HONOLULU, Hawaii (HawaiiNewsNow) - The crew of California-based cargo ship just arrived in Honolulu after completing the largest ever Pacific Ocean clean-up at sea.
Over the past month, they collected more than 40 tons of “ghost nets.”
The abandoned fishing gear accounts for nearly half the debris in the Great Pacific Garbage Patch, catching and killing thousands of marine animals.
On Tuesday morning, the tangled nets were hoisted off the boat into containers on shore.
“The problem with plastic is it just lasts forever. So these nets continue killing marine life until they’re taken out of the ocean,” said Mary T. Crowley, the founder of Ocean Voyages Institute.
Crowley said the record haul is just the beginning of a project aimed at ridding the oceans of ghost nets and other plastics.
About a year ago, the non-profit started handing out special GPS devices to mariners, asking them to attach it to any abandoned fishing gear they find.
Over the past month Crowley’s crew used the satellite trackers to locate dozens of ghost nets drifting in the Pacific.
“They gather dolphins and turtles and fish. They’re killing machines,” said Crowley. “From our experience, where we would find one net, we would find more nets.”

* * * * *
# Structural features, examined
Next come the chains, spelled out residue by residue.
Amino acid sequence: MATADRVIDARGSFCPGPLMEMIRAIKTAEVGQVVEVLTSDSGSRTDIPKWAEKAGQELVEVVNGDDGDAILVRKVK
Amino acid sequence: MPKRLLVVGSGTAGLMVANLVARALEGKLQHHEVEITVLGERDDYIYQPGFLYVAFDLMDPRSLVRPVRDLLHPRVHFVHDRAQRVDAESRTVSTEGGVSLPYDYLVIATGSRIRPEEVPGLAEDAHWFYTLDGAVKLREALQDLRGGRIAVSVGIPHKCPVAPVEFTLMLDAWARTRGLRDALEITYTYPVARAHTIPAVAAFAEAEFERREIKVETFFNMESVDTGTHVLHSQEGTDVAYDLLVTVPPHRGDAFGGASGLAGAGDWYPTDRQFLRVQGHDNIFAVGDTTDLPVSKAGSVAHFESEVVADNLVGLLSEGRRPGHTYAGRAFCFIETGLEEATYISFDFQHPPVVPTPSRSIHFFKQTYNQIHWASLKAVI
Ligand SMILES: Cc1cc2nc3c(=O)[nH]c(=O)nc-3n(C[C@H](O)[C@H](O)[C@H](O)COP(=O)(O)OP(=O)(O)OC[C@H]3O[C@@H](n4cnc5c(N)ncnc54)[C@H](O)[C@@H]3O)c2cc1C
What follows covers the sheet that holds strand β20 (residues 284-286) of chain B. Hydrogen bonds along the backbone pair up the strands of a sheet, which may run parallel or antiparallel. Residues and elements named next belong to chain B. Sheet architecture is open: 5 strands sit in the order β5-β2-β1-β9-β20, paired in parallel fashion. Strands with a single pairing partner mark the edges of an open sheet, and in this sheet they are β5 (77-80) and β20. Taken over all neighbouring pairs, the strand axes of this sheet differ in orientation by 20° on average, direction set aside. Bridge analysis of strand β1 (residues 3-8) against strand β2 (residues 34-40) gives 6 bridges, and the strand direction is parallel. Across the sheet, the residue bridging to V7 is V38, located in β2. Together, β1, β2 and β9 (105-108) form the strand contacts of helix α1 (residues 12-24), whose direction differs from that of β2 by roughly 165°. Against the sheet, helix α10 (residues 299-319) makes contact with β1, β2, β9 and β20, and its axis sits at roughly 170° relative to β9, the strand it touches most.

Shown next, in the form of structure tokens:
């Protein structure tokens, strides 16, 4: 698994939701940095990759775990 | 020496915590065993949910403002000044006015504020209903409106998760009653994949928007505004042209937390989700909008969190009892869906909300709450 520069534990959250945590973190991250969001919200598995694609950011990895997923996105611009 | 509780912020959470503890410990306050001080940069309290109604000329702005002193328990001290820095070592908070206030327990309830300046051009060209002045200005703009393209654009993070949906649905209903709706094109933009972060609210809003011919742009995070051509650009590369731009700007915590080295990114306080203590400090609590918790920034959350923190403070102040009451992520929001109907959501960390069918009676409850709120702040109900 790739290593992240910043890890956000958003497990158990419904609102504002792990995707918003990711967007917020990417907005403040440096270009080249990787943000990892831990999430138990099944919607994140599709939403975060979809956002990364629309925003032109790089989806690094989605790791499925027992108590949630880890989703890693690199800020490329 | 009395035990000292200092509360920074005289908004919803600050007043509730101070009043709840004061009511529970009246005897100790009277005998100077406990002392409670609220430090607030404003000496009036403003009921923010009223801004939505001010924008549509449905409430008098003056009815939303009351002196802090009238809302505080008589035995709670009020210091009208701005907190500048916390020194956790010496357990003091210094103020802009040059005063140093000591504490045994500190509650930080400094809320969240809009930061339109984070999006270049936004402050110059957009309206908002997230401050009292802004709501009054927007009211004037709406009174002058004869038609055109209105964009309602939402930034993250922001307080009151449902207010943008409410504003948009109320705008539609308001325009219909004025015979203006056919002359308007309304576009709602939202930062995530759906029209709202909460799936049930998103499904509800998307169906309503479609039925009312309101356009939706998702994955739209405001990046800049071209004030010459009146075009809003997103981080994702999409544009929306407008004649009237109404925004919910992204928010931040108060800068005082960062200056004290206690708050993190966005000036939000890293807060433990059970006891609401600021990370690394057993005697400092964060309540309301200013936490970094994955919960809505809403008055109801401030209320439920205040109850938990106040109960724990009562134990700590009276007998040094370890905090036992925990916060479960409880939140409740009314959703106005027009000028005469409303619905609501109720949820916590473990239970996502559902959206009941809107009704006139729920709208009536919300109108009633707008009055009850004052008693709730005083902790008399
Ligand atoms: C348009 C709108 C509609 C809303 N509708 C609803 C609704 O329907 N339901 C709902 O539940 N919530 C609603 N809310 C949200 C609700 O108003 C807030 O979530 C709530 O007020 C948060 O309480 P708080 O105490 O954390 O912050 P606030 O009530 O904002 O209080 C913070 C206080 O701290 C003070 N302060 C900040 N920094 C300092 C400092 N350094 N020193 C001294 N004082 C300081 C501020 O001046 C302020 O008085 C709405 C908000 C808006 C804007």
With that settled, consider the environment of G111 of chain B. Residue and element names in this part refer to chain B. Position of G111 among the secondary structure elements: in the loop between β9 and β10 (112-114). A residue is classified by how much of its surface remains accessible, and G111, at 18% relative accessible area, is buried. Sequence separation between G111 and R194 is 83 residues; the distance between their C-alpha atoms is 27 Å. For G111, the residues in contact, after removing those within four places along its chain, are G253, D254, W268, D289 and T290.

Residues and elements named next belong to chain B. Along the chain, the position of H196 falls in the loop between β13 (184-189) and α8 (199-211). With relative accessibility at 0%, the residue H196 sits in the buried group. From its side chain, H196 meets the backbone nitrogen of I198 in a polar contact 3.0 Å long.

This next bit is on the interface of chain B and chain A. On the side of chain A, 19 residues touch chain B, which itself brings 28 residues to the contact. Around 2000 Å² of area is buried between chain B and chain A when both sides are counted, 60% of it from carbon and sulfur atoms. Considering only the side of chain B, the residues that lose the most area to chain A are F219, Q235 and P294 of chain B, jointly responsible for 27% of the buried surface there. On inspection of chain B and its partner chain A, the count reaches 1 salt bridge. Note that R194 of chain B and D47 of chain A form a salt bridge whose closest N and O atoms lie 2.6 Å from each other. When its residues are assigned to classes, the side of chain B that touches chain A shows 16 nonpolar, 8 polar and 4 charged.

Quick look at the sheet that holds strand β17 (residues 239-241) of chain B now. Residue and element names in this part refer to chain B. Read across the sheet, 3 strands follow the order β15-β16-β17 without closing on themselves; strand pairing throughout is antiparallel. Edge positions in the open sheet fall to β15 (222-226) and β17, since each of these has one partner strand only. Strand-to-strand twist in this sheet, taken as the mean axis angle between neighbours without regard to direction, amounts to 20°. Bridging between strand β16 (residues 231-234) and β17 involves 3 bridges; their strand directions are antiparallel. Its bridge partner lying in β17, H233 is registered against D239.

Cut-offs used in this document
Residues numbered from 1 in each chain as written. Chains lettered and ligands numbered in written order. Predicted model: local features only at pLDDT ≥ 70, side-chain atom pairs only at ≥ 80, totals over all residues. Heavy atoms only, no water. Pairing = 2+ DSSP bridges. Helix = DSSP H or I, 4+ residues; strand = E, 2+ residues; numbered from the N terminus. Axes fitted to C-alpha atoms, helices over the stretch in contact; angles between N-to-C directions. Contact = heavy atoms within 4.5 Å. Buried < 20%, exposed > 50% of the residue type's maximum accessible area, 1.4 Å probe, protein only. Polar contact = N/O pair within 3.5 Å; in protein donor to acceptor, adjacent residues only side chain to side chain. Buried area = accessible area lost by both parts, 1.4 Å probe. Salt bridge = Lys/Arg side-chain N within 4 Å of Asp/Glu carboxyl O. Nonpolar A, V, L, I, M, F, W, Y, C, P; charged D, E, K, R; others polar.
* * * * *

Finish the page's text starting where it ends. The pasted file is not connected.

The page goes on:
Crowley says it’s her mission to make sure that none of the trash removed from the ocean ends up in a garbage dump. The majority of all the nets and debris that were collected will be taken to H-Power and turned into electricity.
“It will all be re-purposed to make sure none of it goes back into the ocean,” said Crowley.
A larger clean-up is in the works. But to make it happen Crowley says she’s going to need about a lot more of the reusable trackers.
Each one costs close to $1,600.
“It’s our goal to have about 150 of them to hand out this year,” said Crowley. “Our plan is to duplicate this very successful mission next year for a three month period.”
Click here to help Ocean Voyages Institute reach its goal.